WSF 1 Before this Forum even started, one big success can already be noted: the enormous presence of Indigenous movements. The decision to hold the World Social Forum in the Amazonian region is certainly an important factor, as well as the strengthening of Indigenous movements in recent years. The first day of the Forum has been particularly dedicated to the Amazon region. In the first discussion on food sovereignty, representatives from Indigenous movements throughout Latin America made it clear that they not only want to be fully part of this process and participate as actors, but that they also have a long history of living with nature, without harming the earth´s natural resources, while producing healthy food for their people.

WSF 3 In their deliberations, they called upon all social movements and civil society organizations to participate in a worldwide day of mobilization on October 12 for the “Mama Pacha”--the mother earth. The mobilization would support a socially and ecologically sustainable way of living and the rejection of the agri-industrial model that destroys the earth's and people's health.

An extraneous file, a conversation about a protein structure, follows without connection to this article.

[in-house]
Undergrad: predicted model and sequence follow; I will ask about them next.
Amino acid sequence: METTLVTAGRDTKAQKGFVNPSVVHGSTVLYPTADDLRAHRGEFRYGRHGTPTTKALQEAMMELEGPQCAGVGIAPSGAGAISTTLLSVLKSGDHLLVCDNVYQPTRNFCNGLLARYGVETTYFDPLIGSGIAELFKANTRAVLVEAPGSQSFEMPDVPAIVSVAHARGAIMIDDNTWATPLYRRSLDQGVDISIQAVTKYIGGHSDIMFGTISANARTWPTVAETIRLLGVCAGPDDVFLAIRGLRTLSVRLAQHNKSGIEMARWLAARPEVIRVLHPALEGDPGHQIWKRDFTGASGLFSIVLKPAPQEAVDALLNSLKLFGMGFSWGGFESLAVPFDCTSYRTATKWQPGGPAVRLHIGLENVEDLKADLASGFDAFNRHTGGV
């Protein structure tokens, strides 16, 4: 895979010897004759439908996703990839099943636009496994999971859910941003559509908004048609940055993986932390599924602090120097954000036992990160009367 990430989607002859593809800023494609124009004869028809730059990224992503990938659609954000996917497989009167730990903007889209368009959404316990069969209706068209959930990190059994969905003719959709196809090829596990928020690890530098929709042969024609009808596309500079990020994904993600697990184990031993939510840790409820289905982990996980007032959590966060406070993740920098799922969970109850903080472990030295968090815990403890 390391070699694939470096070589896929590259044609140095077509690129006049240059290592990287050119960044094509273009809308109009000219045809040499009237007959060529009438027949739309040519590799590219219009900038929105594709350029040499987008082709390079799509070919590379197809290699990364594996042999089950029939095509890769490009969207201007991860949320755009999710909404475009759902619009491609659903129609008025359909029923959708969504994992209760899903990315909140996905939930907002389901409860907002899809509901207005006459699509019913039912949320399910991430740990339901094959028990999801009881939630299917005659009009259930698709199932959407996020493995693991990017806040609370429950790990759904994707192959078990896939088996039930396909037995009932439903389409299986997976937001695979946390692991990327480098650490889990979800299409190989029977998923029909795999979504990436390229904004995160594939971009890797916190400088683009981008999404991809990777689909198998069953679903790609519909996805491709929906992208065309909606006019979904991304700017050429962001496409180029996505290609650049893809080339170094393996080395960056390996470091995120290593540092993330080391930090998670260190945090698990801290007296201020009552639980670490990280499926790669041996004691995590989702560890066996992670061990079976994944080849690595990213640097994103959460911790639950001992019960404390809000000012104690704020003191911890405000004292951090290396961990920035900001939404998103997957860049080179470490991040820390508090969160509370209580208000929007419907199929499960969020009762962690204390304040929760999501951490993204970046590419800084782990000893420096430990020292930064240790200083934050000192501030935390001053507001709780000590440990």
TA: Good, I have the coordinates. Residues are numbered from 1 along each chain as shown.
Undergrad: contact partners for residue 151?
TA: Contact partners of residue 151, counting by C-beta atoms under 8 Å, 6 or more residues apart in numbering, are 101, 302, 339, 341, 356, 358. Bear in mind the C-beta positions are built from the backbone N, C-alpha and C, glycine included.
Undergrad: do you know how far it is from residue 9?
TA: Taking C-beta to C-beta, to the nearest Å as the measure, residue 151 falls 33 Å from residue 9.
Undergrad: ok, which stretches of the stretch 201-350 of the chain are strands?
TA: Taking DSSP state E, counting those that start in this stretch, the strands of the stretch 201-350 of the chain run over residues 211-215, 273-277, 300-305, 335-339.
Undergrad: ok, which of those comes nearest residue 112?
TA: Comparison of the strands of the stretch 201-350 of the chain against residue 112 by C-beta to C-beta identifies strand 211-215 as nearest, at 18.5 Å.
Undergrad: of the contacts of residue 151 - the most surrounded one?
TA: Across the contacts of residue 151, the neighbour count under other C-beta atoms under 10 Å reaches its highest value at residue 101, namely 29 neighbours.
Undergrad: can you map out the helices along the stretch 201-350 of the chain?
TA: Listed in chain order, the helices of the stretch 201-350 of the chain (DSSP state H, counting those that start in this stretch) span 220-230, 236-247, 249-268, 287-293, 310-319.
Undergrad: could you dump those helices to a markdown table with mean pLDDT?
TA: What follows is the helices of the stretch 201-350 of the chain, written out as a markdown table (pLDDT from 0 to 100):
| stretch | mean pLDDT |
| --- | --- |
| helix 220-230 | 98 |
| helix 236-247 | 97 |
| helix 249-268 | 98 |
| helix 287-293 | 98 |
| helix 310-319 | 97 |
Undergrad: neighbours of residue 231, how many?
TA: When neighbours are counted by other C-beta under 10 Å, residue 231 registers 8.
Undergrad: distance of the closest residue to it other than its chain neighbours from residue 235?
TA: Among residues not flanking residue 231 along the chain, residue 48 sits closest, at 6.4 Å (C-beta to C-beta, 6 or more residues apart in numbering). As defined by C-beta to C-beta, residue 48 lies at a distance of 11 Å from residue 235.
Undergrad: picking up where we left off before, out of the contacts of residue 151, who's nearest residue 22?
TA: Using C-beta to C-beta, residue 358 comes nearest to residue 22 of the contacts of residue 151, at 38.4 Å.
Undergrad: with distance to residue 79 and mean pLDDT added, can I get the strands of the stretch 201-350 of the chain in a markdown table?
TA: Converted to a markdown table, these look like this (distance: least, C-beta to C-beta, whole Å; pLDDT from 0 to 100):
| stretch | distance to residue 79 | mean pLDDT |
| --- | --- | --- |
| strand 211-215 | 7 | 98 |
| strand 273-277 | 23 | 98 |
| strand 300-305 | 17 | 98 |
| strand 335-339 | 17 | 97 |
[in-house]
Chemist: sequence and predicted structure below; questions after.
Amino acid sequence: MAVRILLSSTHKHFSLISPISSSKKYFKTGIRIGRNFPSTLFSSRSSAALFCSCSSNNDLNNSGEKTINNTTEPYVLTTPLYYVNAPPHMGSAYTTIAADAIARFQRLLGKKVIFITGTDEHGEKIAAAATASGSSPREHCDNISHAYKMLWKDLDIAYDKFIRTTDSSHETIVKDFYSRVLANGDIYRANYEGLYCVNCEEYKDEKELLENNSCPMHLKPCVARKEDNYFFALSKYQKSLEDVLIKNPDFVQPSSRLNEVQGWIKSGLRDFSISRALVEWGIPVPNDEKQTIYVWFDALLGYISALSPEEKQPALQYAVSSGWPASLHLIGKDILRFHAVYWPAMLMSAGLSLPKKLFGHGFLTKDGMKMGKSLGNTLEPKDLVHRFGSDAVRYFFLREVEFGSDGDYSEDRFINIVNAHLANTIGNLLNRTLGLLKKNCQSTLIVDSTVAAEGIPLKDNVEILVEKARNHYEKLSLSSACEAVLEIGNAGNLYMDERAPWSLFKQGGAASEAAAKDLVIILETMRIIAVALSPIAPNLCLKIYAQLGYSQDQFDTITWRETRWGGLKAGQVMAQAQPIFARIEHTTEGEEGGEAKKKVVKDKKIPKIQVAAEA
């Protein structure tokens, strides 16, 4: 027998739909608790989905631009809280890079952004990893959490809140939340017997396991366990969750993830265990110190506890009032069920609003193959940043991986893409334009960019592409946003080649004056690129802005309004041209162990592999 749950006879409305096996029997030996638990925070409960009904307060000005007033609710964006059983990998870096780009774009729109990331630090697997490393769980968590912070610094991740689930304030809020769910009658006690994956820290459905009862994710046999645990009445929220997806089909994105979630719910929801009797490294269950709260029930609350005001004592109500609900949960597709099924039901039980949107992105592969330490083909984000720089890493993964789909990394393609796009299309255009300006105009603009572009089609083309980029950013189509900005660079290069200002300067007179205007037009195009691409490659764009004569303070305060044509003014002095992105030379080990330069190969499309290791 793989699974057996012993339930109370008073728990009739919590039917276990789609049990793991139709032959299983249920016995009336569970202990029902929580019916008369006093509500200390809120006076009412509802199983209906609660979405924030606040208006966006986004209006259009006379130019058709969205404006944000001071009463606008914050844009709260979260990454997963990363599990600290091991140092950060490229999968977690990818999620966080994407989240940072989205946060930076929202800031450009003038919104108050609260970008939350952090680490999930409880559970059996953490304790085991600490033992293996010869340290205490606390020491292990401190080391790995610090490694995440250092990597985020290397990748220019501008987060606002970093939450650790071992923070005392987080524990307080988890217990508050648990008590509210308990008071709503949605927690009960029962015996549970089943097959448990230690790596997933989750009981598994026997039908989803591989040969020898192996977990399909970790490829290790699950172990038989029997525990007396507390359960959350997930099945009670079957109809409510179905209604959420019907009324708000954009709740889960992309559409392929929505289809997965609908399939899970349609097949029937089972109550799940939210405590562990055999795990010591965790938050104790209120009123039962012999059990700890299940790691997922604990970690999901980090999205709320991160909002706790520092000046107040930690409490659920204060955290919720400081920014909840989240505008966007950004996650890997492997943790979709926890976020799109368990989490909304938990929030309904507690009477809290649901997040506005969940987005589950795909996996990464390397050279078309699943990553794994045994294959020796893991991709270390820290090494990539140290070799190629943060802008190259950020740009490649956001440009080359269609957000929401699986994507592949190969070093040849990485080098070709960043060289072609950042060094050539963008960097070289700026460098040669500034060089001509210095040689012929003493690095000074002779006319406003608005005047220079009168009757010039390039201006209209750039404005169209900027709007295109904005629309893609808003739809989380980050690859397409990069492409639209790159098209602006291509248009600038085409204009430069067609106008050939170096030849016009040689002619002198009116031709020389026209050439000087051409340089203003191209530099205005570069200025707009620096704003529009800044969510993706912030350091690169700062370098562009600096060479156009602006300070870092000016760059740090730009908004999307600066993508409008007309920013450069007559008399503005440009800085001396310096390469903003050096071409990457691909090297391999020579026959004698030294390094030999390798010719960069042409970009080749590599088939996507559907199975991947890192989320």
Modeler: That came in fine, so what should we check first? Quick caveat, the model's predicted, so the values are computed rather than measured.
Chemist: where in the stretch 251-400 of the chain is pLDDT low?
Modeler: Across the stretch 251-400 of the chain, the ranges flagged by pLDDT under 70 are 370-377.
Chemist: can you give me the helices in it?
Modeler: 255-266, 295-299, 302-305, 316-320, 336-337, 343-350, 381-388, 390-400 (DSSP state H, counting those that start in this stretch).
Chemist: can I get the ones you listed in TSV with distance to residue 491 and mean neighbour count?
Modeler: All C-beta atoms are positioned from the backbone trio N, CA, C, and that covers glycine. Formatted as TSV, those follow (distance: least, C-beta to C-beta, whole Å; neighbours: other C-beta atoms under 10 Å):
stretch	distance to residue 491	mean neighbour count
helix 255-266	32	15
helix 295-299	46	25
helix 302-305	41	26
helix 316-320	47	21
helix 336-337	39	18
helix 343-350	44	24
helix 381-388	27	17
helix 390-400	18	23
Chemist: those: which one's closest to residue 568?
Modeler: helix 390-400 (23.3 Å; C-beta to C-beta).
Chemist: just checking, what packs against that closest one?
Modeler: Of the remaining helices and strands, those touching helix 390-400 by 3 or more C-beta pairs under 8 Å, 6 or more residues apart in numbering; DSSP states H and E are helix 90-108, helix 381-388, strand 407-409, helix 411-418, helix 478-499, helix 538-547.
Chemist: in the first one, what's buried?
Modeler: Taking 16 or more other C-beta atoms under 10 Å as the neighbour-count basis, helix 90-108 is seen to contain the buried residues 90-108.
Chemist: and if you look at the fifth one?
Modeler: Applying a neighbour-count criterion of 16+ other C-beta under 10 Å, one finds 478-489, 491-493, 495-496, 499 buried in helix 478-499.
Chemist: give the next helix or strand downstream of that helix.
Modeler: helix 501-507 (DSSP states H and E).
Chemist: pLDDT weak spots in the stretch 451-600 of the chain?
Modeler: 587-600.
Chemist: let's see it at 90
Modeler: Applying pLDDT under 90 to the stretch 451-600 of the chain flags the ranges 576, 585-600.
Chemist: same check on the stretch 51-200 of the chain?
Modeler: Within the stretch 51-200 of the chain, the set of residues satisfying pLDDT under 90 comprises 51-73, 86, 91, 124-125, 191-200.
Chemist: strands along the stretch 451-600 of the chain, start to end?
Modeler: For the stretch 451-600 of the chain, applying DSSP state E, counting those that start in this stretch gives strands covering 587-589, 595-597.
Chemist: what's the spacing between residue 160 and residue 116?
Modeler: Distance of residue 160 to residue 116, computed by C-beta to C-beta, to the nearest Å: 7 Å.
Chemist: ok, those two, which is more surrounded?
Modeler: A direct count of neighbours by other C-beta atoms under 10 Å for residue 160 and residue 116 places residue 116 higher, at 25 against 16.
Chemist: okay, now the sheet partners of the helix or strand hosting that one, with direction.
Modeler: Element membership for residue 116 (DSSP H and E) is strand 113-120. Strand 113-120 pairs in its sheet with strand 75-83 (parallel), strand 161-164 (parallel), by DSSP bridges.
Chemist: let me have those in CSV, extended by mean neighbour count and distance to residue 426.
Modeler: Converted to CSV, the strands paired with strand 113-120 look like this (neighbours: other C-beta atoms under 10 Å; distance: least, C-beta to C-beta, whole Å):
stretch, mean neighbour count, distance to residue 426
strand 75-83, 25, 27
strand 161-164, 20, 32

One novelty of this World Social Forum is also a program that aims to articulate the politics with art. Articulation Latinoamericana cultura y politica (Latin American Articulation of Culture and Politics) (ALCAP) creates a space of interaction between social movements and popular artists in the search for new ways to reach out to people and communicate about struggles and alternatives. IATP has been invited to participate in one of the panel debates of this project.

Posted January 28, 2009 by

Food security

A press release from the University of Leeds last week announced a new study projecting that if current trends continue, China’s industrial growth and changing land use - combined with climate change - could threaten global food supplies.

"At the moment the Chinese government claims that China is 95% self sufficient in terms of grain supply," read the press release. "If China were to start importing just 5% of its grain (to make up a shortfall produced by low yields or change of land use to more profitable crops) the demand would hoover up the entire world's grain export. . .The pressure on grain availability for international grain markets could, in turn, have a huge knock-on effect. Poorer countries are particularly vulnerable, as demonstrated by the 2007-2008 food crisis.”